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Si Begg

Proprietor of Noodles, the ‘Stupidest Recording Organisation in The World’, Si Begg is one of dance music's most idiosyncratic movers and shakers. Overload caught up with the much sought-after producer prior to the release of the Noodles compilation, The Death Of Cool Part 2

By Alex Ward

 
You're a busy chap I take it?
Non-stop. I seem to have so many bits and bobs all going on. The main thing at the moment is getting Noodles, The Death Of Cool Part 2 out, and then I'm doing this project for Novamute, which'll be the next big one.
Hadn't heard about that one.
Oooh – hot off the press. Yeah, I'm going to be doing an album with Novamute. Under the name SI Futures – a kind of a mock corporate kind of vibe going on. That's scheduled for I think September or October, haven't quite finished it yet.
What's the plan with that?
Basically, it's a lot of material I've had piling up for a while, 'cause I haven't really had an album out since the Cabbage Boy one, and that was all that kind of more slow tempo breakbeat stuff. Before that was the Buckfunk album, so I've had this material building up for ages and couldn't decide what to do with it. I was umming and aahing. I wanted to do another Buckfunk album, but Language has kind of disappeared – the label.

So I was just shopping around really, and cos Cristian [Vogel] got the deal with Novamute I got to meet Seth, and Seth said 'oh, yeah, yeah, yeah, I'd like to hear it', kind of thing, just a few tracks. And I didn't think they'd like it – I thought it'd be a bit too quirky for them because Novamute's kind of… So anyway, when Seth heard them he said he really liked them, come in lets have a chat... so we just got talking; a lot of negotiating and now here we are kind of thing. I've decided to give them a new pseudonym because they wanted it exclusive and I didn't really want to give Si Begg exclusive to anyone. I do so many things like Mosquito, Sativae, I'd have to stop doing all of that – and that's not going to happen really [laughs]. I'd rather give them this new pseudonym – an exclusive and that will be my Novamute name. I'm really excited about it.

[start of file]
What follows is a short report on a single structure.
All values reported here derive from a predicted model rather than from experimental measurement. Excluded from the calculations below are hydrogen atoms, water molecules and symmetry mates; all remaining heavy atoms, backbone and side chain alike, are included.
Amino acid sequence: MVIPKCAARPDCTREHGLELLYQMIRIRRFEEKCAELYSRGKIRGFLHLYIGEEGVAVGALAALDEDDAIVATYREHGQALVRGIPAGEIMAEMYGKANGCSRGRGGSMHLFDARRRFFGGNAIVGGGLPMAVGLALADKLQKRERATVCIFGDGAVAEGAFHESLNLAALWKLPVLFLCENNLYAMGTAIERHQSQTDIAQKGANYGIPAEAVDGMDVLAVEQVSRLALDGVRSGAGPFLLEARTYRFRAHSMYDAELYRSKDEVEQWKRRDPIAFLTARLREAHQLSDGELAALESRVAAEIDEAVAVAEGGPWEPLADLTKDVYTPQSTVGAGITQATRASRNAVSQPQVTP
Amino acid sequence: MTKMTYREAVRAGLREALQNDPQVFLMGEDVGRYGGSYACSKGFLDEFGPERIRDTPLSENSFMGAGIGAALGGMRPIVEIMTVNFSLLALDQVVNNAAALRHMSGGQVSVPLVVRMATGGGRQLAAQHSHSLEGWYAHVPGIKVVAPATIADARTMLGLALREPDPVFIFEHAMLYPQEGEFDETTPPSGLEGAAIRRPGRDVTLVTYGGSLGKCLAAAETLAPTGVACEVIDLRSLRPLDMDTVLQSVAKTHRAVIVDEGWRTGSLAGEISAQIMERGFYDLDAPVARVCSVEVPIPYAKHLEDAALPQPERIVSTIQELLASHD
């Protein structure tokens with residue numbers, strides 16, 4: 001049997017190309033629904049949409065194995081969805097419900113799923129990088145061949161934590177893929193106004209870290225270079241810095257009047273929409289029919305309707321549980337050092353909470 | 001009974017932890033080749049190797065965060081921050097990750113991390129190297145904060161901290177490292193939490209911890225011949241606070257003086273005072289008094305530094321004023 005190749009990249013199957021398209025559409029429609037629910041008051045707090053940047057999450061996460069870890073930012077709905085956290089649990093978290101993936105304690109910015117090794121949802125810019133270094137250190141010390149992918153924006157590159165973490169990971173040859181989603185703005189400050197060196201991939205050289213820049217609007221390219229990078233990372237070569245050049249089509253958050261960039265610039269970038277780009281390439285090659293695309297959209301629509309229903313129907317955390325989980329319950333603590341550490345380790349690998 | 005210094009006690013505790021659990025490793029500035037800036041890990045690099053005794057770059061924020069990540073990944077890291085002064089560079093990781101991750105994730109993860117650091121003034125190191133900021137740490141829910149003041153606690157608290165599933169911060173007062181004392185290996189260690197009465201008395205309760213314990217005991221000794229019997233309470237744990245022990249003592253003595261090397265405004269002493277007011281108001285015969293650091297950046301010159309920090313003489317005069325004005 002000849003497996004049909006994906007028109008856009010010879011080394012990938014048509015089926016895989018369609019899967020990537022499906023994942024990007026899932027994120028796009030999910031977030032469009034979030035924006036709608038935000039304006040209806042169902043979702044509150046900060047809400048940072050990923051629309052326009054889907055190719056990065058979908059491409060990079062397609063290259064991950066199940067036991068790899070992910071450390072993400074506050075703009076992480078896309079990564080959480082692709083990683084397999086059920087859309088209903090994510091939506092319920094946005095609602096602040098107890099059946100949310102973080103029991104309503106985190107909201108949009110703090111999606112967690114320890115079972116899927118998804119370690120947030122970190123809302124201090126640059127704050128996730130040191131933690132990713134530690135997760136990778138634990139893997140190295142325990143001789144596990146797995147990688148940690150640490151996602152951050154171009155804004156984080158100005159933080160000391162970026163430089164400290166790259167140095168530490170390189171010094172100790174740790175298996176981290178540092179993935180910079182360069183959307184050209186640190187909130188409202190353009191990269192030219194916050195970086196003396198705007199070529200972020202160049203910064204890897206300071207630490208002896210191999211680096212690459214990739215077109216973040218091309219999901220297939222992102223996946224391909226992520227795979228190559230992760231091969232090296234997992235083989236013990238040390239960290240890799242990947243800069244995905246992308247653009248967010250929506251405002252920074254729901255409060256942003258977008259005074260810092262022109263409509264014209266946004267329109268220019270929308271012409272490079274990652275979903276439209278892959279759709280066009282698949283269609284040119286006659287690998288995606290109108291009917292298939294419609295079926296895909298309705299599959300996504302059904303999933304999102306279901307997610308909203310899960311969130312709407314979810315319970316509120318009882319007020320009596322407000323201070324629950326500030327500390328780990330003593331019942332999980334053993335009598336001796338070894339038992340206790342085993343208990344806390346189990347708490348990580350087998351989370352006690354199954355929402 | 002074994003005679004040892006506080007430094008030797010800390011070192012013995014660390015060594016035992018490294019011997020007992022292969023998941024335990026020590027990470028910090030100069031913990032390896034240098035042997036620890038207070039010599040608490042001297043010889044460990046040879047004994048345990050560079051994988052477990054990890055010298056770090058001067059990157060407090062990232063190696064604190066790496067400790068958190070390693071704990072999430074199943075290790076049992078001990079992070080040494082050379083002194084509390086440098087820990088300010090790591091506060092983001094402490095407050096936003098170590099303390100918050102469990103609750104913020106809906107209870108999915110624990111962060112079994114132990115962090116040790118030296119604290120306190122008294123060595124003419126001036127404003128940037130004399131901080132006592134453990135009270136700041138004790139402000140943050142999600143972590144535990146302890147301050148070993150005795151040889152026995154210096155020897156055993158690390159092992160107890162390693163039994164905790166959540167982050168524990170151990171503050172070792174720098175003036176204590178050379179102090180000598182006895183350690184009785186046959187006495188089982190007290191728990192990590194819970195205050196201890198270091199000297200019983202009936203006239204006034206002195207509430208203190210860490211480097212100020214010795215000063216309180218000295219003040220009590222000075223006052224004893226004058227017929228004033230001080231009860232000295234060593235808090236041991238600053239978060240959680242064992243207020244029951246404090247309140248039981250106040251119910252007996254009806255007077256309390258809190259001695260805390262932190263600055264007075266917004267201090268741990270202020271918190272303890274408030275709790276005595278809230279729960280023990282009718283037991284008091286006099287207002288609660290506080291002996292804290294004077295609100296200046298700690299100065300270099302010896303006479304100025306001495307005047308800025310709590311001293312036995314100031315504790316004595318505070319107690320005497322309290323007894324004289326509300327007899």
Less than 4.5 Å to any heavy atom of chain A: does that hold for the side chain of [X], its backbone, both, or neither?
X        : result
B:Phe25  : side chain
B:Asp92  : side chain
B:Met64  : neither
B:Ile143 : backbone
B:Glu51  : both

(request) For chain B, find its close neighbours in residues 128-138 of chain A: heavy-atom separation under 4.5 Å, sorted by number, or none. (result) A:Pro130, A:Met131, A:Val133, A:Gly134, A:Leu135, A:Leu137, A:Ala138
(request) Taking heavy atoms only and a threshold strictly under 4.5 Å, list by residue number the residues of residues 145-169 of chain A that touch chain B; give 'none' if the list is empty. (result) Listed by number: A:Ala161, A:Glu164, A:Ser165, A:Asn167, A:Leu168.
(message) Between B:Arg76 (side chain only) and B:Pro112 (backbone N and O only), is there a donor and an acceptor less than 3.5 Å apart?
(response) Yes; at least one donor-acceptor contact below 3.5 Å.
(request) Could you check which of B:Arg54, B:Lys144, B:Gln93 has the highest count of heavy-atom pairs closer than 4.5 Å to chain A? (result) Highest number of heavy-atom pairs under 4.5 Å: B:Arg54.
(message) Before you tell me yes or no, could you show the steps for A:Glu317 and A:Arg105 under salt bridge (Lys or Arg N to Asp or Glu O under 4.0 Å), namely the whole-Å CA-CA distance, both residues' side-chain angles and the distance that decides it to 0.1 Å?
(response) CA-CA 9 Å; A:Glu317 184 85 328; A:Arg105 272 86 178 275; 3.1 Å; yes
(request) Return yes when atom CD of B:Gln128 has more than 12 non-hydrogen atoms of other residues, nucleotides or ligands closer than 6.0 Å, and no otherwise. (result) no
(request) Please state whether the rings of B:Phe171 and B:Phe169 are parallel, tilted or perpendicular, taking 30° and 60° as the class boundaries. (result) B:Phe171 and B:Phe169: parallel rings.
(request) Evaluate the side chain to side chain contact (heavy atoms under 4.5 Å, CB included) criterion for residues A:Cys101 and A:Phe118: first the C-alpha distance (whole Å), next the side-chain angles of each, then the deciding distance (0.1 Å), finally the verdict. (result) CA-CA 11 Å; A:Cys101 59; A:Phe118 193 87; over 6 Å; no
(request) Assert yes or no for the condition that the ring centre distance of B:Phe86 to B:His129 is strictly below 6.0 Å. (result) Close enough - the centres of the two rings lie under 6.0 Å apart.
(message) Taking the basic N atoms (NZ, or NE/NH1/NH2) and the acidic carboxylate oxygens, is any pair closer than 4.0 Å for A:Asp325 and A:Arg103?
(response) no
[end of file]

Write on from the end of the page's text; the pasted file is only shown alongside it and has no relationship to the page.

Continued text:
Do you like working under many different pseudonyms?
I do and I don't. I think it's a kind of necessity because of the way the industry kind of works. Because a lot of people want exclusive names and there's just no way I could. If there was one label that I felt was my home and I didn't want to do stuff for other labels then that would be fine, but no single label is willing to release my full output – my full kind of range. So I have to come up with these different projects all the time, and that's the way it's got to be done.
Are the names you use always angled towards specific projects?
Yeah, they tend to be. It's normally a matter of who I'm working with. With Buckfunk 3000 stuff I was always working with Tony Thorpe, and with Ninja Tune, they're not going to want to release a load of belting techno. I tend to do a load of tracks and then give them out to who I think will like them, and that's the way it seems to work. Sometimes I get it wrong and what I think say Ninja Tune will like they don't like but Tony likes it for Buckfunk or some of big major stuff, and whatever.
Why did you hook up with Leaf for the second Noodles album?